(a) where it fits in KVStore                                                                        (b) InitMergeBuffersAndComm                          

                      

                                   (c) Reduce                                                                                                                         (d) Broadcast
Figure 5. Block diagram of proposed addition. Changes to old initialization (InitMergeBuffersAndComm), Reduce and Broadcast are illustrated.

Note: Additional memory copies to temporary buffer (temp) is necessary following Reduce and Broadcast, because we do not know the final destination buffer dst at this time. However due to the interface of kvstore::Push() (i.e. the user-exposed method that calls Reduce), this information is not known until kvstore::Pull() (i.e. until Broadcast). This means that unless the API is changed to PushPull (which has both source and destination arguments), we will need to do extra write to temp buffer in Reduce, and an extra write to temp buffer in Broadcast. The good thing is that these writes are on the same GPU, so they do not take significant amount of time (less than 1% of the runtime). Interestingly, this is the same API change that the other All-Reduce related proposal is asking for.

Technical Challenges

As shown in Figure 5, the design can be broken into two tasks:

  1. Using binary tree topology_ to do a reduce
  2. Generating binary tree topology_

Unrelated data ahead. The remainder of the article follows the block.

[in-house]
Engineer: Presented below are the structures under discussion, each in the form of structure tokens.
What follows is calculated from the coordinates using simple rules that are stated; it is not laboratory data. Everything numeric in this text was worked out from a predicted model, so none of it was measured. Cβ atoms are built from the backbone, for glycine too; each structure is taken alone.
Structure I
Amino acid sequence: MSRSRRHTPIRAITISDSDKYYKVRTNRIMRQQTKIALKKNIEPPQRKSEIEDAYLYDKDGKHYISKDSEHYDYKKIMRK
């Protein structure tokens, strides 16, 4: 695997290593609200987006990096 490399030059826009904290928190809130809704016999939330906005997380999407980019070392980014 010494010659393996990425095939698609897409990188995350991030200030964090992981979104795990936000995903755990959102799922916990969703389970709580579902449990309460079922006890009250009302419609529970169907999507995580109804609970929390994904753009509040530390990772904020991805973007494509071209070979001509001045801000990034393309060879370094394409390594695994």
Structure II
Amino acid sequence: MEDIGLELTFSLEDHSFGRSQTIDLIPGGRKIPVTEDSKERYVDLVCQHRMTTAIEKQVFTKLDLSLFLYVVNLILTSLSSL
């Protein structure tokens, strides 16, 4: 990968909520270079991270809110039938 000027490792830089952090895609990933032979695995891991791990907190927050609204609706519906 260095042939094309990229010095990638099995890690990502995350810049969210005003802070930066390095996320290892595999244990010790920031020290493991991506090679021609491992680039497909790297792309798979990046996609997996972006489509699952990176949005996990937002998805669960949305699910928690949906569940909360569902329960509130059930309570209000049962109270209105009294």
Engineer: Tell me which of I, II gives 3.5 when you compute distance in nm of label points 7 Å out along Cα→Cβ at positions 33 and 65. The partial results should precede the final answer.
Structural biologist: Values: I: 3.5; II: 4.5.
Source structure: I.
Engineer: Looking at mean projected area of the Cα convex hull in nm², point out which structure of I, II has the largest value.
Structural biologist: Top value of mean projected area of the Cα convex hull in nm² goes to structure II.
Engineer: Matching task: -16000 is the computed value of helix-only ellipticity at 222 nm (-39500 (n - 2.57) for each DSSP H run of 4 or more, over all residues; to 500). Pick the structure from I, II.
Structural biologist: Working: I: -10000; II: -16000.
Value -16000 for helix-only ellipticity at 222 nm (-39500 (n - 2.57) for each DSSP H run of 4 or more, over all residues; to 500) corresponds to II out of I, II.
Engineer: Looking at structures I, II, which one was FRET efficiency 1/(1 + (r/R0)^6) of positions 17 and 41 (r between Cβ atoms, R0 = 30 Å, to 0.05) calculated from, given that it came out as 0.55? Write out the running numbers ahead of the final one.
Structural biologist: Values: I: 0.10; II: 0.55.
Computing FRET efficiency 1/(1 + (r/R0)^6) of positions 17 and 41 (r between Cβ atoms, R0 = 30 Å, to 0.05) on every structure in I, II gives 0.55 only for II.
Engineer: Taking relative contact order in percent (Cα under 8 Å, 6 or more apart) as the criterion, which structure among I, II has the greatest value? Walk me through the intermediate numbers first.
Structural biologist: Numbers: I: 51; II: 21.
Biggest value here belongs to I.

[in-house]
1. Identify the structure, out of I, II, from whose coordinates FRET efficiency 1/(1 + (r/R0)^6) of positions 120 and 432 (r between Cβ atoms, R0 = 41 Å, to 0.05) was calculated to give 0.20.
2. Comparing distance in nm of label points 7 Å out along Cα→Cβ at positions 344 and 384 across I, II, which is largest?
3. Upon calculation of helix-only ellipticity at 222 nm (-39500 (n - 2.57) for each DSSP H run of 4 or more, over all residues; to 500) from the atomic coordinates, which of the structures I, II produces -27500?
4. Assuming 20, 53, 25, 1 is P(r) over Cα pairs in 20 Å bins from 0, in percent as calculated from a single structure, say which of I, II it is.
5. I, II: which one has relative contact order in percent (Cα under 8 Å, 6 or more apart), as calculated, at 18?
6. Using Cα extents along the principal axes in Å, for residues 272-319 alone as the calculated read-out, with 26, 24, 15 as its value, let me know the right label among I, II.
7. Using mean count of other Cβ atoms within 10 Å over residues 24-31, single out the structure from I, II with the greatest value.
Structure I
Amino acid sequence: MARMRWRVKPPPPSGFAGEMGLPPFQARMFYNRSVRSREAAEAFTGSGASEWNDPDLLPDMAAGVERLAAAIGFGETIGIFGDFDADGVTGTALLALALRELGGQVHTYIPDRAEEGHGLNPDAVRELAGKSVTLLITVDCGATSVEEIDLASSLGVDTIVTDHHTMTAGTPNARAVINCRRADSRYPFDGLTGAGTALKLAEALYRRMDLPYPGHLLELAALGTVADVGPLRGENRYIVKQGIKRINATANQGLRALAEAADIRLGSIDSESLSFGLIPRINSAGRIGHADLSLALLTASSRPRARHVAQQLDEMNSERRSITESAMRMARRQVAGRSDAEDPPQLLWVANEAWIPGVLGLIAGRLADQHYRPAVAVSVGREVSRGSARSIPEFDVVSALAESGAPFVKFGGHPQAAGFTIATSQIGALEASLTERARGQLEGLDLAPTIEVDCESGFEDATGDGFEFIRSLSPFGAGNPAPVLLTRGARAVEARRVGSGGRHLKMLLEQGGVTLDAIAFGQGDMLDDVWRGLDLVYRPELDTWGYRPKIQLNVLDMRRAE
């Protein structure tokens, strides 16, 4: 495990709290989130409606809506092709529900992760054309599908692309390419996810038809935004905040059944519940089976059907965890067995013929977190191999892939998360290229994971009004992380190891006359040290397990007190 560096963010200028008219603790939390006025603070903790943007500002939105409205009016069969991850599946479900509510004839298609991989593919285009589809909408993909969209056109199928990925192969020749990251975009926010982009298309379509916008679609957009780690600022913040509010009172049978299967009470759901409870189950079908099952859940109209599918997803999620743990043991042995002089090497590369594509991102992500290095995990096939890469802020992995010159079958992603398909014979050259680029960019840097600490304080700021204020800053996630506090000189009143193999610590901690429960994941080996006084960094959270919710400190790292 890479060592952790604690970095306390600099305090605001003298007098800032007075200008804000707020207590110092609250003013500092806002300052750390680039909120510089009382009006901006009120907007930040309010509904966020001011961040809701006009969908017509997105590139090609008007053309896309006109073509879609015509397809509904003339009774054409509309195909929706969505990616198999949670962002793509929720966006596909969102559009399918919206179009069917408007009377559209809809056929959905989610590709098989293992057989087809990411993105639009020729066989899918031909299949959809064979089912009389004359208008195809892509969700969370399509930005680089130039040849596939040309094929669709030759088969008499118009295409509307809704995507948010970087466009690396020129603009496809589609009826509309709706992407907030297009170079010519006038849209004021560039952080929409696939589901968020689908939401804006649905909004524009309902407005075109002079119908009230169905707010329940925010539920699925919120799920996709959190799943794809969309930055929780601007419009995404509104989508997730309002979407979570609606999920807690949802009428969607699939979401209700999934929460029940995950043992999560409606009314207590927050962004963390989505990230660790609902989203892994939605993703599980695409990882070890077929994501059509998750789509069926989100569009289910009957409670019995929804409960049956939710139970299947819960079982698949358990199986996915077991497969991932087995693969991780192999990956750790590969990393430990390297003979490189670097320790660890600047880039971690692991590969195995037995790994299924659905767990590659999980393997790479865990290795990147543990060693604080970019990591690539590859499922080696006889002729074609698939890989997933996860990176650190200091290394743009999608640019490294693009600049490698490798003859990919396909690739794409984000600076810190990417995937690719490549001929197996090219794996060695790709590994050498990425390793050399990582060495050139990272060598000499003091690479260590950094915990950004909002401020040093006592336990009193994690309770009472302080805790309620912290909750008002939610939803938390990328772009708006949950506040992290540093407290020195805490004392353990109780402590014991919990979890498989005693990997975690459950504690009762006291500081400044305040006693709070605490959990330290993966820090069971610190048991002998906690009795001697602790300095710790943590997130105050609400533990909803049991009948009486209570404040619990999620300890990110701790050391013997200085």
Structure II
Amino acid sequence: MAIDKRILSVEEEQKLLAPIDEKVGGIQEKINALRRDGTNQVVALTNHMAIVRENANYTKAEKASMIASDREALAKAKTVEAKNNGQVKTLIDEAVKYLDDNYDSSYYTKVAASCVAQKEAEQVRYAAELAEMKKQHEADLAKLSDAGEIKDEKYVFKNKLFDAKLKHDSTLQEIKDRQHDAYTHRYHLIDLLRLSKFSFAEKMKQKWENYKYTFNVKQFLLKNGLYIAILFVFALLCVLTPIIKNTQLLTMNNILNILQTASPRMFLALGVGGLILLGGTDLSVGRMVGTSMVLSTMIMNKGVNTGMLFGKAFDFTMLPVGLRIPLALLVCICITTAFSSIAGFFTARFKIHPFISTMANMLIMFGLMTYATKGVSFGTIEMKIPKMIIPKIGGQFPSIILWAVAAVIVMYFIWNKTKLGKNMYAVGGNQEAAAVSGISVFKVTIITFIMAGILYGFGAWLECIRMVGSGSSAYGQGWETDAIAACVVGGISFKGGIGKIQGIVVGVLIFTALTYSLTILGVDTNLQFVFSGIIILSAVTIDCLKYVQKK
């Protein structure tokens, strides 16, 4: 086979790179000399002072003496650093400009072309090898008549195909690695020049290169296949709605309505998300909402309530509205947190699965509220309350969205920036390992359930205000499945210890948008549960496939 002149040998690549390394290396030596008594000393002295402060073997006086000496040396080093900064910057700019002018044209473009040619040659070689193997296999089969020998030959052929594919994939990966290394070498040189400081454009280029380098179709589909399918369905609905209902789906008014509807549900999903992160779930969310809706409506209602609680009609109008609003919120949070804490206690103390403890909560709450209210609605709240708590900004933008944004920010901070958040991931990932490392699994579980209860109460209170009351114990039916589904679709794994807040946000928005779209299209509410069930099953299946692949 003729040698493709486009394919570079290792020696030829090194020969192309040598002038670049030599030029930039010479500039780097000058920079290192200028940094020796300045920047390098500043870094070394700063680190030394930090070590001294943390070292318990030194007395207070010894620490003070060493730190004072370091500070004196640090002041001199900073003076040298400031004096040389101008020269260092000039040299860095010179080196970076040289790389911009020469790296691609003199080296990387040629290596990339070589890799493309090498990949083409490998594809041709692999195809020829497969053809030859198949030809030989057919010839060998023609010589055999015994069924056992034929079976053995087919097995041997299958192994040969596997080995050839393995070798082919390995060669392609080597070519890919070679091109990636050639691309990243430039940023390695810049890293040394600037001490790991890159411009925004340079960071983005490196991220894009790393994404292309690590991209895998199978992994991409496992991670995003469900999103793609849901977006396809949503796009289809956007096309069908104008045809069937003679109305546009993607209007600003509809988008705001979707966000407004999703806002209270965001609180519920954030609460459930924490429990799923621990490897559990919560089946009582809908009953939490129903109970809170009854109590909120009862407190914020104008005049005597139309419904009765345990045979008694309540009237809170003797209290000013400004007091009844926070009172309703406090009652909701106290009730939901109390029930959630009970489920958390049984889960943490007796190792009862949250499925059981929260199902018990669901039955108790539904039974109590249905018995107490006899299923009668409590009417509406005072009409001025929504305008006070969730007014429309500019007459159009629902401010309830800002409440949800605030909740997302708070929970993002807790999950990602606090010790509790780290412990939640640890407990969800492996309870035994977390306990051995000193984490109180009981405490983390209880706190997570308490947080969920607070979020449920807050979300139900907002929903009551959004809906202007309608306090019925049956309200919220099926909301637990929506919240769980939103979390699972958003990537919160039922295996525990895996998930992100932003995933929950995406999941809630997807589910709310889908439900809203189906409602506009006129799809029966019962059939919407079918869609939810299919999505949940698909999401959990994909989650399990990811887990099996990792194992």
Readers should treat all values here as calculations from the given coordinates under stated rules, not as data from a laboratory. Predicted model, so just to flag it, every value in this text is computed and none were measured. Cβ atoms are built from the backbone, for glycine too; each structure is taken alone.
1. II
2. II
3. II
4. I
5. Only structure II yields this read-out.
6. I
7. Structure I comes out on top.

1. Use Binary Tree to do Reduce

First, given a binary tree we show that it gives us the precise sequence of GPU sends in order to perform a reduce. On the left will be the link topology in 3D view. On the right is the portion of the binary tree we are interested in.

(a) Step 1: GPU1 sends to GPU5, where the combined results of GPU1 and GPU5 are reduced on GPU5.

(b) Step 2: GPU7 sends to GPU5, where the combined results of GPU1, GPU3, GPU5 and GPU7 are reduced on GPU5.

(c) Step 3: GPU4 sends to GPU5, where the combined results of all 8 GPUs are reduced on GPU5.

(d) On link topology (left), the sequence of sends forms a spanning tree. The operations also correspond to a binary tree (right).

Figure 6. Reduce on a single binary tree, showing connection between reduce and binary tree.

2. Generate Binary Tree

We looked at using two methods to generate the binary tree. Since we are looking for a balanced binary tree instead of a maximum spanning tree, we cannot use polynomial time algorithms such as Kruskal's or Boruvka's MST algorithm. Using the link topology saved in an adjacency matrix as input, we used:

  • Kernighan-Lin algorithm: This is a popular hierarchical clustering method used to generate graph clusterings based on the Kernighan-Lin algorithm [4]. It is part of the popular METIS package [5].
  • Exhaustive search: We observed that in practice, Kernighan-Lin would get stuck due to our modification to the algorithm. In such cases, we resort to exhaustive search.

Since we did not want to introduce additional dependencies to MXNet, we implemented our own version of the Kernighan-Lin algorithm. We modify the Kernighan-Lin algorithm for a purpose it was not intended for, i.e. to find a binary tree embedding on the link topology we are interested in. Our algorithm works as follows:

1. Add the vertex we want to be root to the set of root nodes. Begin with entire graph in one cluster.

2. While at least one cluster has at least 2 vertices:

a) Apply Kernighan-Lin heuristic to discover a clustering of the graph into two clusters.

b) Look for the edge that satisfies the following conditions:

      • Is one of the edges that crosses between the two clusters
      • One vertex of the edge is one of the rootnodes
      • Has the highest weight of all edges that satisfy the above conditions

c) If such an edge is found, add both vertices to our binary tree discovered so far. Also, add both vertices to the set of root nodes for the next iteration.